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Summary

  • The initial submission of this article was received on December 4th, 2020 and was peer-reviewed by 2 reviewers and the Academic Editor.
  • The Academic Editor made their initial decision on July 9th, 2021.
  • The first revision was submitted on July 30th, 2021 and was reviewed by 2 reviewers and the Academic Editor.
  • A further revision was submitted on September 20th, 2021 and was reviewed by the Academic Editor.
  • The article was Accepted by the Academic Editor on September 21st, 2021.

Version 0.3 (accepted)

· Sep 21, 2021 · Academic Editor

Accept

I would like to apologize for a long time for selecting the reviewers, and thank you for submitting your great work to PeerJ.

[# PeerJ Staff Note - this decision was reviewed and approved by Jafri Abdullah, a PeerJ Section Editor covering this Section #]

Version 0.2

· Sep 1, 2021 · Academic Editor

Minor Revisions

The corrections of this version by authors were adequate. Some more corrections have been requested by Reviewer 1. I recommend that the authors respond to them and resubmit a new version of the manuscript.

·

Basic reporting

Small commment. The authors mention MCI on p.6 (line 168) but as this is the first time to use this acronym, this should be written in full (Mild Cognitive Impairment).

Experimental design

Please provide validity and reliability information with each of the measures described in the Methods sections. This is missing for the activity meter, GDS-15 and ACE-R.

Validity of the findings

Although authors have made considerable changes to the Discussion, I'm still missing links with original research questions / aims / hypotheses and conclusions about wheter or not expectations are (not) confirmed by the findings. I still believe that this section would benefit from this additional information. For example: "This study aimed to investigate XX, this was (not) confirmed by the findings..."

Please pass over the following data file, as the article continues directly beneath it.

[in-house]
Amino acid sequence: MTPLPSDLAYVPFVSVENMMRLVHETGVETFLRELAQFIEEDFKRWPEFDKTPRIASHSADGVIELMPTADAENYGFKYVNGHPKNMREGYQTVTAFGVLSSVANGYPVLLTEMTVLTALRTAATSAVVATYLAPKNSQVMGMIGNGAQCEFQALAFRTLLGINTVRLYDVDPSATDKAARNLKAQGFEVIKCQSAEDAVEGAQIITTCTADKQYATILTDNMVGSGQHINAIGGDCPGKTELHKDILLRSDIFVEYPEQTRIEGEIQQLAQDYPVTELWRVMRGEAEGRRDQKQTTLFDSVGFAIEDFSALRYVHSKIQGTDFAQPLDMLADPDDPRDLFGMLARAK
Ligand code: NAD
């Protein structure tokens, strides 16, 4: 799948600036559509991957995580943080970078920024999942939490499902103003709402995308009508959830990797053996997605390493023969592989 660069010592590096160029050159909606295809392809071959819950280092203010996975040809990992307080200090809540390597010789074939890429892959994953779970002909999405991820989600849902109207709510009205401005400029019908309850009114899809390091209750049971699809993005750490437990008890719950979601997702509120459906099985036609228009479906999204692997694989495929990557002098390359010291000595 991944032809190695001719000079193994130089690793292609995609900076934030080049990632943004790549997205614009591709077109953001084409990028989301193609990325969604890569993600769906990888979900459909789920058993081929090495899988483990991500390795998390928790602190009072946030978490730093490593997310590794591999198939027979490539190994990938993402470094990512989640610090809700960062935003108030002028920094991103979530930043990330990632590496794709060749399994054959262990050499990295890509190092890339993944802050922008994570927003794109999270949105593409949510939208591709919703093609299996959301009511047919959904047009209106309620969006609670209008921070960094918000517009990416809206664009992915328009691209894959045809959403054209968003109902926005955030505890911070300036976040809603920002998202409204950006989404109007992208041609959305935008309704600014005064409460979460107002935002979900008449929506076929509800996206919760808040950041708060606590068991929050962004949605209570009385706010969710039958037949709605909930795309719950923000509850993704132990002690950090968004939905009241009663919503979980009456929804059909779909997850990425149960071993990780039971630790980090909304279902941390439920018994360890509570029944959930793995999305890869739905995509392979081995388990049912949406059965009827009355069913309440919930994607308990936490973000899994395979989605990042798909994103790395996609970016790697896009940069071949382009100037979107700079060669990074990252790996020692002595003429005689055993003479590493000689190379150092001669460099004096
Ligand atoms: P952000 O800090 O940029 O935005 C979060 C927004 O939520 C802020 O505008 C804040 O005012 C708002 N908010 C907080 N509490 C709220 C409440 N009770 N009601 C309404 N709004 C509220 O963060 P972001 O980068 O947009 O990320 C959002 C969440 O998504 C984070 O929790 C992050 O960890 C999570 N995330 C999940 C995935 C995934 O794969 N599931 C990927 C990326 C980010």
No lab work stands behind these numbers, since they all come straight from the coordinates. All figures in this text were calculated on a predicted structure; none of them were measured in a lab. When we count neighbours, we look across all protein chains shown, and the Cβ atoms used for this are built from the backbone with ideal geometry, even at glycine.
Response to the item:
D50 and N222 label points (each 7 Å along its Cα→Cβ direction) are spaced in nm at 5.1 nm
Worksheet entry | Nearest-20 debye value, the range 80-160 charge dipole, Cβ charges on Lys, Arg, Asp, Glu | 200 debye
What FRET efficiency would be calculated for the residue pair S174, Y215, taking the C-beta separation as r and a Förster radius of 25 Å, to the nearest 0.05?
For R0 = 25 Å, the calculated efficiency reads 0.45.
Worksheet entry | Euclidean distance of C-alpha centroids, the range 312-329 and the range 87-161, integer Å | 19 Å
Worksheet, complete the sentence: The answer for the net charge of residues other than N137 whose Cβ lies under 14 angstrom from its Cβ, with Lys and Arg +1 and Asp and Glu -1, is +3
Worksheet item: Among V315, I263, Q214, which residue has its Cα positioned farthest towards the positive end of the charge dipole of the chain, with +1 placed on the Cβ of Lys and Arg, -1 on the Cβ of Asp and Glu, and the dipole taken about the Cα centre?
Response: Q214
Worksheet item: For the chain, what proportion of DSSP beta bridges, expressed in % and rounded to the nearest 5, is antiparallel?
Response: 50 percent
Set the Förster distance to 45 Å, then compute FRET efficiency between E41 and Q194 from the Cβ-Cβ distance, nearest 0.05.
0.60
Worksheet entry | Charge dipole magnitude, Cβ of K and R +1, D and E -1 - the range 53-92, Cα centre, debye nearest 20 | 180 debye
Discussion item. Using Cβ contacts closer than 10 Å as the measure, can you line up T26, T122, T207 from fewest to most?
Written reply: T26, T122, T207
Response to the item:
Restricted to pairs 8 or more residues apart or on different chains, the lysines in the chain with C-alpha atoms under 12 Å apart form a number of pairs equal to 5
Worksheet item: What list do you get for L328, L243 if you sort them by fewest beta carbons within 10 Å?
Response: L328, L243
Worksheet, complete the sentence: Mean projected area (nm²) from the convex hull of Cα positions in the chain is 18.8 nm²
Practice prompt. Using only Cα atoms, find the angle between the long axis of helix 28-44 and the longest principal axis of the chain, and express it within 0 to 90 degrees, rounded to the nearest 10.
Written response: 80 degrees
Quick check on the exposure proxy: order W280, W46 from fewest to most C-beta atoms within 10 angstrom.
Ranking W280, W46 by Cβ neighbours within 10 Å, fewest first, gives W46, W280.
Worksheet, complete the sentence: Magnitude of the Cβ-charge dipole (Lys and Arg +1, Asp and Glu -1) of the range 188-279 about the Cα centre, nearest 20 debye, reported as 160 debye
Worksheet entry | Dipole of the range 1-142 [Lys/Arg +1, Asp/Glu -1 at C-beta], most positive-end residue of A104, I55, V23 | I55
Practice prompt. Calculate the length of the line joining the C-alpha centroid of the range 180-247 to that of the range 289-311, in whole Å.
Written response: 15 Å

Also, I wonder if authors could elaborate some more about the absence of a link between exercise and cognitive function in the non-LS group. One could expect that physical activity has a positive influence on cognitive function in this population as well. Could authors elaborate on the "other factors" that might improve cognitive function in this group on p. 9, line 305. Additionally, could authors elaborate on potential other reasons for the absence of this link?

On p.9, line 314: it is strange to say that the content of the measured physical activity was "a little unclear". Please revise wording. Also, could authors elaborate on the effect this might have had on the interpretation of your results.

On p.9, line 316: it is not clear what is suggested with "equalization of cognitive function", could authors make this statement more clear?

Finally, the conclusion at the end of the paper is very brief. Consider to add information on the implications of the findings and more specific directions for future research here as well.

Additional comments

no comment

Reviewer 2 ·

Basic reporting

As for the second version, the content is more comprehensive. The whole article is well constructed, the experiments are well conducted, and analysis is well performed. The figures are relevant, high quality, well labelled and described.

Experimental design

The angle of the research is original and the research is within the scope of the journal. Research question is well defined, relevant and meaningful. The overview and their proposal for a more suitable technology is highly technical, ethical and logistical.

Validity of the findings

The introduction is comprehensive. The findings are meaningful. Odds ratio is an appropriate measure to estimate the association between an exposure and an outcome in this study. The conclusions are well stated and relevant to the research questions.

Additional comments

This observational study investigated the efficacy of daily physical activity on cognitive function in older persons with locomotive syndrome (LS). The authors recruited 70 community-dwelling older people with and without locomotive syndrome and measured their physical activity. The authors found that daily physical activity of 2.29 METs·h/day or higher was important for improving cognitive function in LS populations.


Major Comments:

Due to the long course of follow-up, was there any loss to follow-up for the 70 participants? If so, how did the authors deal with this major challenge and potential source of bias?